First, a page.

In late 2009, British critic Mark Fisher published a book titled Capitalist Realism: Is There No Alternative? Fisher’s use of the term capitalist realism is expansive, describing “the widespread sense that not only is capitalism the only viable political and economic system, but also that it is now impossible even to imagine a coherent alternative to it.”18 In other words, “Capitalist realism is therefore not a particular type of realism; it is more like realism itself.”19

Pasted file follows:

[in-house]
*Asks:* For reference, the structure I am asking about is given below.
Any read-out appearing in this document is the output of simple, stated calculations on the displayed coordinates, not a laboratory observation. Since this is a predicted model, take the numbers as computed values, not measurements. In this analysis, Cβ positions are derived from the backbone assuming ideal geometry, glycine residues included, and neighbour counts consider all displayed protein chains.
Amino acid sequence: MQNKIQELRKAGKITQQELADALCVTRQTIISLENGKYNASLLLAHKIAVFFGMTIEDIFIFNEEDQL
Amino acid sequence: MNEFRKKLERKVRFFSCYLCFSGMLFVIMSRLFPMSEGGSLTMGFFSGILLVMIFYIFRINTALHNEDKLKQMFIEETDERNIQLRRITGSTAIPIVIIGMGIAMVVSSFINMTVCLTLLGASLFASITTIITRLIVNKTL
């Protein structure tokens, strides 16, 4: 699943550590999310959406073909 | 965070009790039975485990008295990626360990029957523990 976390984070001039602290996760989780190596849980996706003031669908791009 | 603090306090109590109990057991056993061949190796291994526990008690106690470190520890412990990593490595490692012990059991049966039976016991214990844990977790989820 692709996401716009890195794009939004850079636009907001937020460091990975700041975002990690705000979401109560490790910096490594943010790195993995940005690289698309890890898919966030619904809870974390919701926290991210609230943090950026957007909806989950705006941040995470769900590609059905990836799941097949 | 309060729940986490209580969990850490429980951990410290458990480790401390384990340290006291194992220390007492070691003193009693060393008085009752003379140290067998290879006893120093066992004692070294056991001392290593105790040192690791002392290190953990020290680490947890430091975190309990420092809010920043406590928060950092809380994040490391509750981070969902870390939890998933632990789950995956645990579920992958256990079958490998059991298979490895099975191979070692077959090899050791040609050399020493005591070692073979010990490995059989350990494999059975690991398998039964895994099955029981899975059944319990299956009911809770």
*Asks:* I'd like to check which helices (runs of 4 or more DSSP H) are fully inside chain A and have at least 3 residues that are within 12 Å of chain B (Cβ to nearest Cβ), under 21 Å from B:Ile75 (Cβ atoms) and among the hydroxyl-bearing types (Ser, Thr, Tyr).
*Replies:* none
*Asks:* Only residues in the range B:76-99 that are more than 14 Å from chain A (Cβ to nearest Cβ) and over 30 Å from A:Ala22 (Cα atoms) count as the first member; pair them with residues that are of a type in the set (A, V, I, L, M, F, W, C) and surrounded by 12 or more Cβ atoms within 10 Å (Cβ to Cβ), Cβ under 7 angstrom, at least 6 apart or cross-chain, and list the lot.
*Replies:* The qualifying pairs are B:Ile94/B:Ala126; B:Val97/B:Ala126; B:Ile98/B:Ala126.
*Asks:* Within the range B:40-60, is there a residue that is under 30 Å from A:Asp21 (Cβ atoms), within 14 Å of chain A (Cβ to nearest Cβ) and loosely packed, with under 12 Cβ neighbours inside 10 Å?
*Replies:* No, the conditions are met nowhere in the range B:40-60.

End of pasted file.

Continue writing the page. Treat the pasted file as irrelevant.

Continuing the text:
As Fisher makes clear in his book, there is much to be said for looking into how neoliberal capitalism has created a world in which another world is not only not possible, but cannot even be imagined. That said, I disagree with Fisher when he writes that “[i]t is impossible to conceive of fascism or Stalinism without propaganda – but capitalism can proceed perfectly well, in ways better, without anyone making a case for it.” 20 Most forms of capitalism – whether the social-democratic one that had its heyday in Western Europe until roughly the end of the 1970s, or the neoliberal globalised capitalism that has become the dominant economic form of our time (and that has worked on destroying the welfare states created in social-democratic countries) – have relied on propaganda in some form. For example, in West Germany (and to some degree even in today’s Germany) the idea of Soziale Marktwirtschaft (social market economy) relied heavily on government propaganda, and very similar things can be said for the Reagan/Thatcher model of capitalism that has now morphed into the neoliberal globalised capitalism we live with. Just think, for example, of the phrase “a rising tide will lift all boats”, which dates back to the 1960s and of late has been used to justify tax cuts for those who are already wealthy. This is pure propaganda: economists have demonstrated that such tax cuts do not in fact lead to the lifting of “all boats”21, so-called trickle-down economics does not actually lead to a trickling down of wealth.